PURE Digital is offering savings of 10% off its award winning radios as part of a ?radio amnesty? to be launched by the BBC on 6th July 2005.
The radio amnesty in aid of African nations – fronted by BBC presenter Nick Knowles – lets listeners receive discounts on DAB radios from market leader PURE as well as other DAB radio manufacturers.
The BBC’s digital radio team and BBC Radio Five Live have teamed up with manufacturers and high street retailers across the country to offer listeners a discount of 10% on a new digital radio, when they trade in their portable FM sets.
Says PURE Digital?s general manager Kevin Dale: ?This is a great opportunity for everyone involved in the digital radio industry to come together, put aside all the egos and competition, and work together for a common cause.?
The amnesty starts on 6th July and lasts until 26th July, during which time Five Live will support the project on air and around a thousand stores up and down the country will take part.
The old sets will then be reconditioned and sent to Somalia and south Sudan, where the BBC World Service Trust will distribute them.
Continues Dale: ?PURE?s radios have caught the national consciousness with four of the UK?s top five selling DAB digital radios being made by PURE. But, while we are happy that so many people are upgrading to PURE?s digital radios, we are even more delighted that, through the cooperation of so many people in the industry, those customers? old radios will be going to fulfil a vital educational role in Somalia and Sudan.?
Manufacturers taking part include Panasonic, Roberts, Sony and PURE Digital.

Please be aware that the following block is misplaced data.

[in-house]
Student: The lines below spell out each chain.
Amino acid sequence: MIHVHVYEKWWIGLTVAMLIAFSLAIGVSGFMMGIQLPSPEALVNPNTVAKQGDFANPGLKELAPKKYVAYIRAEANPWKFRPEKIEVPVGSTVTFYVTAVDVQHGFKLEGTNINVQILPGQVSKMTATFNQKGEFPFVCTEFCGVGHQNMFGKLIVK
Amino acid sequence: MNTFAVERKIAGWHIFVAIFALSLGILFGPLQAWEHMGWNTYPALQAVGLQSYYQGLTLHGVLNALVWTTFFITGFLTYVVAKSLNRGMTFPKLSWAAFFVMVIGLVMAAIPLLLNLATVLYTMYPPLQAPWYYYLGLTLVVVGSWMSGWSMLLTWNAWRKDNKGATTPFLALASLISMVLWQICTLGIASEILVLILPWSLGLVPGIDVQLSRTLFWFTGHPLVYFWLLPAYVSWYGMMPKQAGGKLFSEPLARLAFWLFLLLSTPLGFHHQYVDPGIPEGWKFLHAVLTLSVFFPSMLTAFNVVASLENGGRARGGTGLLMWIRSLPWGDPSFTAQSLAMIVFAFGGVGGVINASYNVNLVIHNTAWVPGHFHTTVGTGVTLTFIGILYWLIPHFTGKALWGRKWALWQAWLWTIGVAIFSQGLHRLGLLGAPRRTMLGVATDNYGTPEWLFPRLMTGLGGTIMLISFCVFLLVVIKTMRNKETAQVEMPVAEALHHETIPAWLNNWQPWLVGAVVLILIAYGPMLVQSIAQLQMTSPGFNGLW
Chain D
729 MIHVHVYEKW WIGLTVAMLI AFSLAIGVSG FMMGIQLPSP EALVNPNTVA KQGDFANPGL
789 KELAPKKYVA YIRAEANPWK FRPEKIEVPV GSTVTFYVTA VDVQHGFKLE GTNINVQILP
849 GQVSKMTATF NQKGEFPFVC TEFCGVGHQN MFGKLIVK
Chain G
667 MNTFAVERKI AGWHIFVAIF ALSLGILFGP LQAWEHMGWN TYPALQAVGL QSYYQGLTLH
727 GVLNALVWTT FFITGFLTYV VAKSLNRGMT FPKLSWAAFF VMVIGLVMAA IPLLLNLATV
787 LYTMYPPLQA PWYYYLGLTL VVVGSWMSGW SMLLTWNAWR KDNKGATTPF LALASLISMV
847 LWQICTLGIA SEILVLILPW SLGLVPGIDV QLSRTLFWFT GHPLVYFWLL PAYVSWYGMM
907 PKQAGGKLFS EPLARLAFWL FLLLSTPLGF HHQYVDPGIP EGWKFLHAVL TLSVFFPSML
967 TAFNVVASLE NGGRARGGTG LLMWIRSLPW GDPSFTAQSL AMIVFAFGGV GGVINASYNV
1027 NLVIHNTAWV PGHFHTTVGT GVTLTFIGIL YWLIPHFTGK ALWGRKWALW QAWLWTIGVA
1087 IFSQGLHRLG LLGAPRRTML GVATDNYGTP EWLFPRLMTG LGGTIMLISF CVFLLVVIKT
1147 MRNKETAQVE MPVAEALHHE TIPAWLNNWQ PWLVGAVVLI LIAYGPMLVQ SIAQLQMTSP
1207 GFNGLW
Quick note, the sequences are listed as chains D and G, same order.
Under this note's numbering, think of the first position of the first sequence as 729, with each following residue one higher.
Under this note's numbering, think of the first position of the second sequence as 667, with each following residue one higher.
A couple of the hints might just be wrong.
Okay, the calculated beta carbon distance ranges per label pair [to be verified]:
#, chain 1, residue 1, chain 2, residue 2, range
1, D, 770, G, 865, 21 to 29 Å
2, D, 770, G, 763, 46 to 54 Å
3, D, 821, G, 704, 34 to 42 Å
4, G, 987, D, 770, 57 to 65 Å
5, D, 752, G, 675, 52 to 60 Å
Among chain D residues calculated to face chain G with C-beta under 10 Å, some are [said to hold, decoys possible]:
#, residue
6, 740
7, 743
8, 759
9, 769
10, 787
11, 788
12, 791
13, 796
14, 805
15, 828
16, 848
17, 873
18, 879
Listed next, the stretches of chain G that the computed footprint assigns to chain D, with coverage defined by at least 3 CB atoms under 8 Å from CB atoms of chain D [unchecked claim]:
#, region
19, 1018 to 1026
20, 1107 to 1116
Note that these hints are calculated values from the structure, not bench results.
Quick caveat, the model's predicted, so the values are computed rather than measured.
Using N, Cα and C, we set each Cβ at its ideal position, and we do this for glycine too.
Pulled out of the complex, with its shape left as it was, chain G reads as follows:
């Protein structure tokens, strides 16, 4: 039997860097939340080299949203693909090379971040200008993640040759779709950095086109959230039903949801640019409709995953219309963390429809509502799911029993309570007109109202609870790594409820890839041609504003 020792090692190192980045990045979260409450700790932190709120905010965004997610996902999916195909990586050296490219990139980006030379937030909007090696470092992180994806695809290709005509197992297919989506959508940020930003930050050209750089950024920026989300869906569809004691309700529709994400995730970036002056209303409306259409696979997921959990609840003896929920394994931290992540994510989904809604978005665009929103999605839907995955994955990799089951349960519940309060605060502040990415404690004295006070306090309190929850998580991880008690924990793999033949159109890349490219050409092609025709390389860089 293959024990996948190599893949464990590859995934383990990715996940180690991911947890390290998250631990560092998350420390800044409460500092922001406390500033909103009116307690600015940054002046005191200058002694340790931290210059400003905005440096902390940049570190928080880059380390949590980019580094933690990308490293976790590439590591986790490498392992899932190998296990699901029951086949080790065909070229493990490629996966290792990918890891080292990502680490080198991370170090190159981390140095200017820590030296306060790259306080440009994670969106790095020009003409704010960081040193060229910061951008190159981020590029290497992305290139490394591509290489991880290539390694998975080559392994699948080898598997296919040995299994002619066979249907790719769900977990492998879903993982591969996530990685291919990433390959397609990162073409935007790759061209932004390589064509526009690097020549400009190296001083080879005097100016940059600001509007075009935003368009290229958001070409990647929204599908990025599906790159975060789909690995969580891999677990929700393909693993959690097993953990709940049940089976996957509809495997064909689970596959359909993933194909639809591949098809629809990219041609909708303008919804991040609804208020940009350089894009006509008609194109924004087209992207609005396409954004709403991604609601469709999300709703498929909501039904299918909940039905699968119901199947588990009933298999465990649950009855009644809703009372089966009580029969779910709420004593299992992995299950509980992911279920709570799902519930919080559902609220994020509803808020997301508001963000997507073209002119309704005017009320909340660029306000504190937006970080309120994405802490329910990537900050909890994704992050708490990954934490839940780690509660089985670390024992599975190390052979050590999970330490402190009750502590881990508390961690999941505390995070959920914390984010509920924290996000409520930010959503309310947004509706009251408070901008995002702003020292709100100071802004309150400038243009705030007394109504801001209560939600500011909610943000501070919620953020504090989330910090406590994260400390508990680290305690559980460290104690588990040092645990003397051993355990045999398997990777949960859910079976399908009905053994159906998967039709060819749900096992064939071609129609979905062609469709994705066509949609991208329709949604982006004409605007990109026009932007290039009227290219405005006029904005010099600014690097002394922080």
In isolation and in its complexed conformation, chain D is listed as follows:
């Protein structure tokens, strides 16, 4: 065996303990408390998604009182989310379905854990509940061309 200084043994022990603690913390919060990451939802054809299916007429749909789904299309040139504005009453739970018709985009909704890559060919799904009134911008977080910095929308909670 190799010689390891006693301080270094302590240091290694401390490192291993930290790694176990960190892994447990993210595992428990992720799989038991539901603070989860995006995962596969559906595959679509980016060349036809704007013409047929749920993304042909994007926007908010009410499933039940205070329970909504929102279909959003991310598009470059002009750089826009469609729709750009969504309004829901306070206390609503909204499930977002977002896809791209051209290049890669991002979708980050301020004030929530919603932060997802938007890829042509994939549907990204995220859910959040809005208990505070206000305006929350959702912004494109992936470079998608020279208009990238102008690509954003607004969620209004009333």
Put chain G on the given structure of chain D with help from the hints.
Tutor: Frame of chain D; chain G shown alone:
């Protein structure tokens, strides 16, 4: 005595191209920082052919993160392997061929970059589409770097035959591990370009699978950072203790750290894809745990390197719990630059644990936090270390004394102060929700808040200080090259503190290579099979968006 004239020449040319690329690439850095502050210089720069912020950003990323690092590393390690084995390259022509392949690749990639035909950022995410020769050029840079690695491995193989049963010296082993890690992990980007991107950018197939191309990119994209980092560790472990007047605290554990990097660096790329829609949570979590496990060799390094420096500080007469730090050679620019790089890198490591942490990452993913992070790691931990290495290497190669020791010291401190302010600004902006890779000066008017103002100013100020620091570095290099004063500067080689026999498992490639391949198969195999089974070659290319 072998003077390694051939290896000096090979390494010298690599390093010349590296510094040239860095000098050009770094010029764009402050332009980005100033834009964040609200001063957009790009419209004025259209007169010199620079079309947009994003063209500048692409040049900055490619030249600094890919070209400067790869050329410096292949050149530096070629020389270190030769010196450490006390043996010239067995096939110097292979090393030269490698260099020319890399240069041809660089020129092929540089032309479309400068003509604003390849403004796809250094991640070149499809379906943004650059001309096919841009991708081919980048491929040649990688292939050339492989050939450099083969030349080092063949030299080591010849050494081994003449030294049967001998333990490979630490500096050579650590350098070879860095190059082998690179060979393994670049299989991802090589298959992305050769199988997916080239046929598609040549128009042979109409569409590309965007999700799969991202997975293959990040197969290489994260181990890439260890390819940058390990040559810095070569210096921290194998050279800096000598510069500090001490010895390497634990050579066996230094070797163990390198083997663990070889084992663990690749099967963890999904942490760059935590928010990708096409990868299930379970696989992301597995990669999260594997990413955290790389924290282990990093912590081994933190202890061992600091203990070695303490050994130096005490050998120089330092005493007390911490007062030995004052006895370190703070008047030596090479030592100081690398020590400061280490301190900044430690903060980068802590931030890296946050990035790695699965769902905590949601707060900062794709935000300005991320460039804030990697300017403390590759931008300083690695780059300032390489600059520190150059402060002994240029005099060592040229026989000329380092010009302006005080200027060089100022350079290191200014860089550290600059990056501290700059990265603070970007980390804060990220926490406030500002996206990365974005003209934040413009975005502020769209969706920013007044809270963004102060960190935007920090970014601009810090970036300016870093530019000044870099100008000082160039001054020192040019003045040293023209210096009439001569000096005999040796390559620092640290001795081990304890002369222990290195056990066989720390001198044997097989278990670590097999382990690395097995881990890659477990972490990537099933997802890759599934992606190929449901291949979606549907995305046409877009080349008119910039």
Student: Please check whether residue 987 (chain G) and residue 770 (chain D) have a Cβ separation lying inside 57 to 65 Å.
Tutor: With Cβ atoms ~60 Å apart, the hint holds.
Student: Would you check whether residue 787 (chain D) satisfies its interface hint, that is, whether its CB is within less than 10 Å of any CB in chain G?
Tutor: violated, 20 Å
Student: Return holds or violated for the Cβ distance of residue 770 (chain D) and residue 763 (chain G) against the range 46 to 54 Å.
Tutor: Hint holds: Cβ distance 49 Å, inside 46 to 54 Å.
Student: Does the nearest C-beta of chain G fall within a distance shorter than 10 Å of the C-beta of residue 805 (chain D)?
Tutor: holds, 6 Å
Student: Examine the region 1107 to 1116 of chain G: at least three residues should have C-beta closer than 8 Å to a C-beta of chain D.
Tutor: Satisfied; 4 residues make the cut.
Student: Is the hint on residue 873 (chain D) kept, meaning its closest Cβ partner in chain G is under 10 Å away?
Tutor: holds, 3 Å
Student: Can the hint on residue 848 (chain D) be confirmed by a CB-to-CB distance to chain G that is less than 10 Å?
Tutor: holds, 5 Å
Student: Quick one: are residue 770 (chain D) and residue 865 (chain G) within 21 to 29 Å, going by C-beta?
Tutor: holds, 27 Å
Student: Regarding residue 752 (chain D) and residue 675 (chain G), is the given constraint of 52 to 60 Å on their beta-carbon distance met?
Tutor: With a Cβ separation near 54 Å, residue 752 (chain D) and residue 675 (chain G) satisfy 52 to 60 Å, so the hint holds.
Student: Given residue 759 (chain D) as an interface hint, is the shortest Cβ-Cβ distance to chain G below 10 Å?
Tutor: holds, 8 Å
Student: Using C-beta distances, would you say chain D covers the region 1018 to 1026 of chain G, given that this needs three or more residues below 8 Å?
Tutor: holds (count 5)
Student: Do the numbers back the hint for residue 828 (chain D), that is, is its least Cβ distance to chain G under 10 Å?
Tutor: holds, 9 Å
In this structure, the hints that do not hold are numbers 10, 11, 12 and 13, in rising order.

Retailers supporting the project include John Lewis Partnership, Currys, Dixons, Comet and leading independent retailers through RETRA (Radio, Electrical and Television Retailers Association).
Simply Radios will carry out the reconditioning of the radios. Duracell will be providing batteries for all the reconditioned sets.
Nick Knowles – already recognized for his work with Comic and Sport Relief – is promoting the campaign on behalf of the BBC and will be raising the project’s profile.
“A disused radio set, gathering dust in a spare room in Tunbridge Wells, could end up making a real difference to a family in Somalia,” says Nick Knowles.
Simon Nelson, controller of BBC Radio and Music Interactive, says: “Everyone involved benefits from this initiative: consumers get a discount, DAB radios sales will increase, and it all helps to support some of the fantastic work the World Service Trust is doing in Africa.”
Retailers will accept battery-powered FM/AM radios (not hi-fi separates or mains only sets), which will be reconditioned, fitted with new batteries and shipped for distribution by the BBC World Service Trust and its partner, the African Educational Trust (AET).
The trust and the AET will use the radios to further their work on the Somalia Distance Education for Literacy project – or “Radio Teacher” – which offers education to men and women who have grown up during civil war with no chance of schooling. There is a shortage of Somali teachers and there are few western volunteers, so the only choice is to use the mass media.
The BBC World Service Trust and AET are also planning to replicate the literacy project for the south Sudanese audience and are also exploring the possibility of training farmers and teachers using similar techniques.
The more radios made available to audiences in Somalia and Sudan, the more students will be able to benefit from these projects.
Listeners should call 08700 100 500 or visit bbc.co.uk/digitalradio for further details.